A hairbrush, a sandal, the end of a shovel, a change purse, and a shoehorn, chair and table legs that make vertical lines, an umbrella, and what is that? A bird in a shoe? A framed certificate from the Los Angeles School District placed to define the top right corner. Assembled shapes, textures and bits of life—that could be anyone’s balled up sock. My dad wore black socks like that. You could spend hours identifying everything that makes up this sculpture. This work carries some history with it. It’s bulky and heavy and smells like an antique shop. To me, each of the objects in this sculptural relief represents a part of someone’s personal story. By bringing these visual pieces of stories together into one sculpture, Noah Purifoy created a work of art with a palpable sense of history. Past lives that you can feel. That is not just anybody’s shoe. That shoe belonged to somebody. It walked down sidewalks and through front doors long before it became part of this 1967 sculpture.
Noah Purifoy had a career in social work before becoming an artist. In 1964 he co-founded the Watts Towers Arts Center, an outreach program. Then in 1965 came the Watts Rebellion. Purifoy claimed that it was the Watts Rebellion that made him an artist. He and colleagues collected and later assembled debris from the uprising to make impressive mixed-media constructions. It’s this idea of creating art out of refuse and rubble that is so powerful.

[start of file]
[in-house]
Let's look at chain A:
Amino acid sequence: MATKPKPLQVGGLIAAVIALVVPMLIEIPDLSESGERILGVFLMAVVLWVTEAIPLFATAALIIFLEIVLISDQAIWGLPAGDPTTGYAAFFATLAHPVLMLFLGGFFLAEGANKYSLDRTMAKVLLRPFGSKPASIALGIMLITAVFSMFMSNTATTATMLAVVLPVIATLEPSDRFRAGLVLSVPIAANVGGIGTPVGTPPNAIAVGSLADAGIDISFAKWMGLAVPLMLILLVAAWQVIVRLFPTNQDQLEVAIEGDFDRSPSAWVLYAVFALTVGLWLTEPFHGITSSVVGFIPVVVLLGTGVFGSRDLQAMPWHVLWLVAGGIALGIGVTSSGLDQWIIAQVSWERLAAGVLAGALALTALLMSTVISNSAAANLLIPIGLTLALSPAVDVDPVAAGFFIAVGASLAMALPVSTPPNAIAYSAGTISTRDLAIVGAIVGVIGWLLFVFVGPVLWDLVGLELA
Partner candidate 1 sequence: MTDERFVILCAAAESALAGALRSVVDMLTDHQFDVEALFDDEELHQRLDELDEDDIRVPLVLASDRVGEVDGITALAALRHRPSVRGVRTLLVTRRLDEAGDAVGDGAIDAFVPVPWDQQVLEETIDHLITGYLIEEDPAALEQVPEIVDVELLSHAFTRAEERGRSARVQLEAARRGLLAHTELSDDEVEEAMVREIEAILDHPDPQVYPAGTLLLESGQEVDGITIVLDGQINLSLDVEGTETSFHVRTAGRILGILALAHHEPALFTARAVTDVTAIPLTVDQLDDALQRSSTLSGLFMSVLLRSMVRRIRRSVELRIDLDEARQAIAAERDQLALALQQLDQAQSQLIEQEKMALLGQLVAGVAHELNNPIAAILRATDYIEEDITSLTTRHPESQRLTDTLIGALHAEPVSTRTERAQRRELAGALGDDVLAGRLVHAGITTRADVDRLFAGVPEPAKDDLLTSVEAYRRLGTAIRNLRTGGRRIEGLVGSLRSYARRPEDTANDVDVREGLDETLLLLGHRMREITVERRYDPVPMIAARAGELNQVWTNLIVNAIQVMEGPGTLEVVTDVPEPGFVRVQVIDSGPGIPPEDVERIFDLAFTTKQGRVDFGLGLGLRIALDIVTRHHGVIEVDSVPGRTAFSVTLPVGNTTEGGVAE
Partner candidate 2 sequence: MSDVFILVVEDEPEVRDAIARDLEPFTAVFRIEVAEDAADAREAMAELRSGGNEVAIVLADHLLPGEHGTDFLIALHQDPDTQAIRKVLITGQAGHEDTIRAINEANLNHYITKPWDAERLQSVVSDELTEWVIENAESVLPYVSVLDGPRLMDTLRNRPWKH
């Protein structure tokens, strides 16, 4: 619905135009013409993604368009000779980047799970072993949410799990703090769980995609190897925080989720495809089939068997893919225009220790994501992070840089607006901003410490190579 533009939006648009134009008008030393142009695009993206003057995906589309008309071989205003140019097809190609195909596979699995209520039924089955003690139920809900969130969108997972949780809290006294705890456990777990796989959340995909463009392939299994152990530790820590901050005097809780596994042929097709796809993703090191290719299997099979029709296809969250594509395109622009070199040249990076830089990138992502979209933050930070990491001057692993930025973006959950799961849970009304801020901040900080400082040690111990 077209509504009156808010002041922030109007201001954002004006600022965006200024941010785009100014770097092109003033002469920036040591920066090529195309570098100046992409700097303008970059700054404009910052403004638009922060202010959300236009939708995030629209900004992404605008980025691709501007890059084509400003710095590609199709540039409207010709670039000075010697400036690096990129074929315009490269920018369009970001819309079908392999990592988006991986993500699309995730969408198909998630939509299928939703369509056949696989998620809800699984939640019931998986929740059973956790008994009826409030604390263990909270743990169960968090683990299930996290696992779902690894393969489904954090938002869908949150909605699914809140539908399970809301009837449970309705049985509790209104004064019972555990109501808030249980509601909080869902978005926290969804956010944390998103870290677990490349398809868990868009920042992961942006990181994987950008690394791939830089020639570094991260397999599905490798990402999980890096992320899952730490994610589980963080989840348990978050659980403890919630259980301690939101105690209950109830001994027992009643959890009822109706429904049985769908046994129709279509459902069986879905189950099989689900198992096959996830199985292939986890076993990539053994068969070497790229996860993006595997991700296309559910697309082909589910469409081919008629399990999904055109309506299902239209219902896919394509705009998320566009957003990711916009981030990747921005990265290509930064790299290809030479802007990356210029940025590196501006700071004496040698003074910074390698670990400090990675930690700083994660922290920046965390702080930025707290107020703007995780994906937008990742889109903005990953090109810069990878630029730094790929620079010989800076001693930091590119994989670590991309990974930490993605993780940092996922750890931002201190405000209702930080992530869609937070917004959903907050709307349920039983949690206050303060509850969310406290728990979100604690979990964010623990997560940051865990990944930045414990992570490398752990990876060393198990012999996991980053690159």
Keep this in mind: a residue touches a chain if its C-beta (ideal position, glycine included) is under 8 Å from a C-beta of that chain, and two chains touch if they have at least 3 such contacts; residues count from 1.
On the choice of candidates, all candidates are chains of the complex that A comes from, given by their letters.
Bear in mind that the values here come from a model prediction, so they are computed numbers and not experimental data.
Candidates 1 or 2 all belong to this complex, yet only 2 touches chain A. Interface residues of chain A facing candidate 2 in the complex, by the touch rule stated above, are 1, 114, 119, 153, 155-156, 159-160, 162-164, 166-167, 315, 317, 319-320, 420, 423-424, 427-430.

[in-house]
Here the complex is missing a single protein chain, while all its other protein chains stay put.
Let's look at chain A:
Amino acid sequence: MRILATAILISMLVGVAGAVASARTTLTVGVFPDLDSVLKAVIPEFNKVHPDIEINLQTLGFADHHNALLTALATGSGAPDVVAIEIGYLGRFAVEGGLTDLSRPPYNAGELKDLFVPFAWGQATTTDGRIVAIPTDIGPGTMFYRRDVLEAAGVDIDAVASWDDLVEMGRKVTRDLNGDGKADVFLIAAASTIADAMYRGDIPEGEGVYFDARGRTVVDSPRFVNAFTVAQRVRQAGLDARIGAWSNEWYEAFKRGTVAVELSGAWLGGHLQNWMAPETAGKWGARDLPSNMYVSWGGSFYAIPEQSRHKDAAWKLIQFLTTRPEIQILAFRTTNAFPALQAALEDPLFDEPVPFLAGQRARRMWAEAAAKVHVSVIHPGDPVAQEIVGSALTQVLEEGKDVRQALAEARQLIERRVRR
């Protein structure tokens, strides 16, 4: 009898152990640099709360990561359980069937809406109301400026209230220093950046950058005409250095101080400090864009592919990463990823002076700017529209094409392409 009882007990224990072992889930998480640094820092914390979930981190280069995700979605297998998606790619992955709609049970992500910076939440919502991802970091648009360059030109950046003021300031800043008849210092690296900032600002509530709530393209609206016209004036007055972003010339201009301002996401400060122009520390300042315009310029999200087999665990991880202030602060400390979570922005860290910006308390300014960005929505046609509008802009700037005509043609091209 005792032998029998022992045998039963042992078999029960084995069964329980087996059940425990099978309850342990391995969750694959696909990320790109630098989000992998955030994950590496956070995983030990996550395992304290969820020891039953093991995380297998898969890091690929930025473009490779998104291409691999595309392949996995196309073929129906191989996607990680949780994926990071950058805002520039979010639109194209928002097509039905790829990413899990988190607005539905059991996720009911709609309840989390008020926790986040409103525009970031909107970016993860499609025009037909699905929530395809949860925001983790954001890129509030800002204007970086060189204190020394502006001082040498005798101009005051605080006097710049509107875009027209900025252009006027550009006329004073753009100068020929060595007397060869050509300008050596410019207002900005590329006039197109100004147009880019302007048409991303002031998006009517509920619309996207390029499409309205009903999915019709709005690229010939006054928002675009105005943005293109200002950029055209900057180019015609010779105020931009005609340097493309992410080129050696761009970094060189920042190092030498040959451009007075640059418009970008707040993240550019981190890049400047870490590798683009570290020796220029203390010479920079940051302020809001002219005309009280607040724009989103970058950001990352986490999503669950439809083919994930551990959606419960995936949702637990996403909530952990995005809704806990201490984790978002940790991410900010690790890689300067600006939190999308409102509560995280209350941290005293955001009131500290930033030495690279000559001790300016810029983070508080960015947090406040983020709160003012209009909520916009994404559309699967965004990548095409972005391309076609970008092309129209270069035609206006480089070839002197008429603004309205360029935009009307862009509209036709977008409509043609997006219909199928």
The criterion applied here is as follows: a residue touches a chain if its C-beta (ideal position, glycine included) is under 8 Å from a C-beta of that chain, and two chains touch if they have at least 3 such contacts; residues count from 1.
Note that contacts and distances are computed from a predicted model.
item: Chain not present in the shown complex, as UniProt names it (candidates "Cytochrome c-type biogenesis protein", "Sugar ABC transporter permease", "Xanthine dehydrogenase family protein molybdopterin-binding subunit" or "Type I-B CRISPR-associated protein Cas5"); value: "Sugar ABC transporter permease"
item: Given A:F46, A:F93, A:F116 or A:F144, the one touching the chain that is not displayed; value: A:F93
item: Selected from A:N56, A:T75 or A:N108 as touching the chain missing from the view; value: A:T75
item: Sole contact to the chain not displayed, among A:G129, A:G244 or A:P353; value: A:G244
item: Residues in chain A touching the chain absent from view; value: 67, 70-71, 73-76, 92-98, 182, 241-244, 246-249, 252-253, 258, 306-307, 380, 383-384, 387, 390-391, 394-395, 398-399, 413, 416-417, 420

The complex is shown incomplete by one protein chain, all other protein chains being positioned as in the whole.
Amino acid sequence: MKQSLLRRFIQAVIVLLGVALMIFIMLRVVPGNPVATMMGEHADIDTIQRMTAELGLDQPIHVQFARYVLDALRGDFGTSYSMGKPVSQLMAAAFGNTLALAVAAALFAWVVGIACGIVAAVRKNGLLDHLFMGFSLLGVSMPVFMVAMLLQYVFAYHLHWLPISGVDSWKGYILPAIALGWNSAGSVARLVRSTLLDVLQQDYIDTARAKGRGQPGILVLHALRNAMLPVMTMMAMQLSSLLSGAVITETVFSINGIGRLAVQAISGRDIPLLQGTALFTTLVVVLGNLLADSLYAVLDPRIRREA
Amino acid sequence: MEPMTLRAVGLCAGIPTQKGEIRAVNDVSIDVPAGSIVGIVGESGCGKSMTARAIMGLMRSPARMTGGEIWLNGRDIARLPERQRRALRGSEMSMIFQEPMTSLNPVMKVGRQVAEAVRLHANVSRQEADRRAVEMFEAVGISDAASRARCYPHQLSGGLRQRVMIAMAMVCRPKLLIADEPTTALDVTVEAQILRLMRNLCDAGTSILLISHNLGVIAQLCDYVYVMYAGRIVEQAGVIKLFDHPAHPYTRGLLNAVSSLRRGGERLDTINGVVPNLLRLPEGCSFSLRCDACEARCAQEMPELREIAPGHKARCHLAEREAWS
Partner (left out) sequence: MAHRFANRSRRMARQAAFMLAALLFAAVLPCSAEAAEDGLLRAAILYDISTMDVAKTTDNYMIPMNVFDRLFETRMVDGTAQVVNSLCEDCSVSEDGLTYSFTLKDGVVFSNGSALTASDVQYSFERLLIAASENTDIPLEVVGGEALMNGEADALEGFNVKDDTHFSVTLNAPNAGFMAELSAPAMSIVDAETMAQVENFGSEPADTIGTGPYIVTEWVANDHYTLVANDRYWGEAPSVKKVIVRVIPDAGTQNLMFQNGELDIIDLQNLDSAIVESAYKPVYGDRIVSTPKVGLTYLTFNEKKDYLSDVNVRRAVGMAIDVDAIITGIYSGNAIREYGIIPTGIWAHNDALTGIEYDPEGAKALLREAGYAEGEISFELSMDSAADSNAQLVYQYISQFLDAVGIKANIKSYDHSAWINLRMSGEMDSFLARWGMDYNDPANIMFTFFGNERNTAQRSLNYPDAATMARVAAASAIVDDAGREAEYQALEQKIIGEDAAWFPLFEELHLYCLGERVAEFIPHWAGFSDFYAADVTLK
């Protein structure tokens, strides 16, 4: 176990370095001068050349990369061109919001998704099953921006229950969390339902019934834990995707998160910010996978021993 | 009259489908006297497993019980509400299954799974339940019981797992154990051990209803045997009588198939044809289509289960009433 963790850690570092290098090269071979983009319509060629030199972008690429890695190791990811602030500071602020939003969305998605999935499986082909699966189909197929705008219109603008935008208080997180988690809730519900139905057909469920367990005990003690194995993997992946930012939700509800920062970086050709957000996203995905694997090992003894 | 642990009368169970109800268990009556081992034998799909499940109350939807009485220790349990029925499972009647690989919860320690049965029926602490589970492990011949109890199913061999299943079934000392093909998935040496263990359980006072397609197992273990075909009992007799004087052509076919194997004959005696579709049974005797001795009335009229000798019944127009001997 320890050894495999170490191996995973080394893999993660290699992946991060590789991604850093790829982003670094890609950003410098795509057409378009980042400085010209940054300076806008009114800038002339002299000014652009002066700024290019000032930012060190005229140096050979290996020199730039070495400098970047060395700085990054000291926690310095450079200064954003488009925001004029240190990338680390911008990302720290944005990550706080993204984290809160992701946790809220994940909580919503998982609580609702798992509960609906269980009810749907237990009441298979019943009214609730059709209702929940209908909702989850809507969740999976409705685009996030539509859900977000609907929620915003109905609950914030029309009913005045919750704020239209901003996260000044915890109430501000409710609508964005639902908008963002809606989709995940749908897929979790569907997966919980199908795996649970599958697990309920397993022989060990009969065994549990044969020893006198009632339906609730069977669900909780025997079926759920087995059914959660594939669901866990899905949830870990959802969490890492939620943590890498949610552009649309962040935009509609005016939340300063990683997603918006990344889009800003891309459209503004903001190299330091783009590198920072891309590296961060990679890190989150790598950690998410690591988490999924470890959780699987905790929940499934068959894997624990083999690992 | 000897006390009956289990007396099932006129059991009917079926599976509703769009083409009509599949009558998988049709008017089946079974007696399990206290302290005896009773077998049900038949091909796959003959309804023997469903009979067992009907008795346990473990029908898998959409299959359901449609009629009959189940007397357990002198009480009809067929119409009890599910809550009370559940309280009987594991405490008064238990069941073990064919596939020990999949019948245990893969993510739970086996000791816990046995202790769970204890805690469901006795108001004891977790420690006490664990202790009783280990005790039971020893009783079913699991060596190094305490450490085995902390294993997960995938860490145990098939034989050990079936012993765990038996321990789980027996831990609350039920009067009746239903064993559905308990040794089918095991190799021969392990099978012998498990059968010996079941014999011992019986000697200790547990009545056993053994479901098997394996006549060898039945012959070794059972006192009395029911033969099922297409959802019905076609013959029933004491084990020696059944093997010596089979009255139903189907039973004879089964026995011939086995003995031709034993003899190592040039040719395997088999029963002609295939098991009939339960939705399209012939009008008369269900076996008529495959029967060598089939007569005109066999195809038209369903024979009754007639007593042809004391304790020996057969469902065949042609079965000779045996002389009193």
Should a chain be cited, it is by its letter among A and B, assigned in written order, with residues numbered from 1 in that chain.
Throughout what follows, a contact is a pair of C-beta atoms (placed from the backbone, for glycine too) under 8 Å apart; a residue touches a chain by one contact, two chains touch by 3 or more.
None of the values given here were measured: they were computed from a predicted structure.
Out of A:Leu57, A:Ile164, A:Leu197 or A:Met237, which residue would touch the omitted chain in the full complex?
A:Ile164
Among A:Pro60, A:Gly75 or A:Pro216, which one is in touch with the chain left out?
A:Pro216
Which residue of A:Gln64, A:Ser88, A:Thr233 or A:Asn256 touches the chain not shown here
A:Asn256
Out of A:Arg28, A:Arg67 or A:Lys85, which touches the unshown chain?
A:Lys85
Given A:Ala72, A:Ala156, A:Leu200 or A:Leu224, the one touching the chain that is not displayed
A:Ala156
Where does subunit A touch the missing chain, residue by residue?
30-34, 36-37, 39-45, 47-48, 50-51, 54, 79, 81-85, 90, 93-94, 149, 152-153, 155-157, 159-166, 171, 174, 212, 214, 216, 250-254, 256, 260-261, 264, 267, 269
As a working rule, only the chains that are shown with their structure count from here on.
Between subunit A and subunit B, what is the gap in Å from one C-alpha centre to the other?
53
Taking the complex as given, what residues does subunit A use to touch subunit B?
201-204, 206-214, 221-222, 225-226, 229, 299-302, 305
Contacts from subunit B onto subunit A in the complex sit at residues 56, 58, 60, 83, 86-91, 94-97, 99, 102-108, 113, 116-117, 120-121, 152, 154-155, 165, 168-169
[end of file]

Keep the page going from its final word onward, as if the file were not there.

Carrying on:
Now Dig This! Art and Black Los Angeles 1960—1980 is an exhibition full of powerful art. It’s about a community of black artists and their artist friends of varied ethnic backgrounds. It shows how they influenced each other, opened their own galleries, and found ways of working outside of traditional, representational methods. The exhibition is material and visceral and like no other museum experience in the Berkshires. Once you have seen it, you will look at shovels and shoehorns, umbrellas and table legs differently. Who do you think that shoe belonged to?
—Kim Hugo, Public Relations Coordinator, Williams College Museum of Art
Now Dig This! Art and Black Los Angeles 1960—1980 is one view at WCMA through December 1, 2013. Above image: Installation view, Noah Purifoy. Untitled (Assemblage), 1967. Mixed media. 66 x 39 x 8 in. Corcoran Gallery of Art, Washington, D.C., Museum Purchase, the William A. Clark Fund and Gift of Dr. Samella Lewis. 1993.3. © Courtesy the Noah Purifoy Foundation.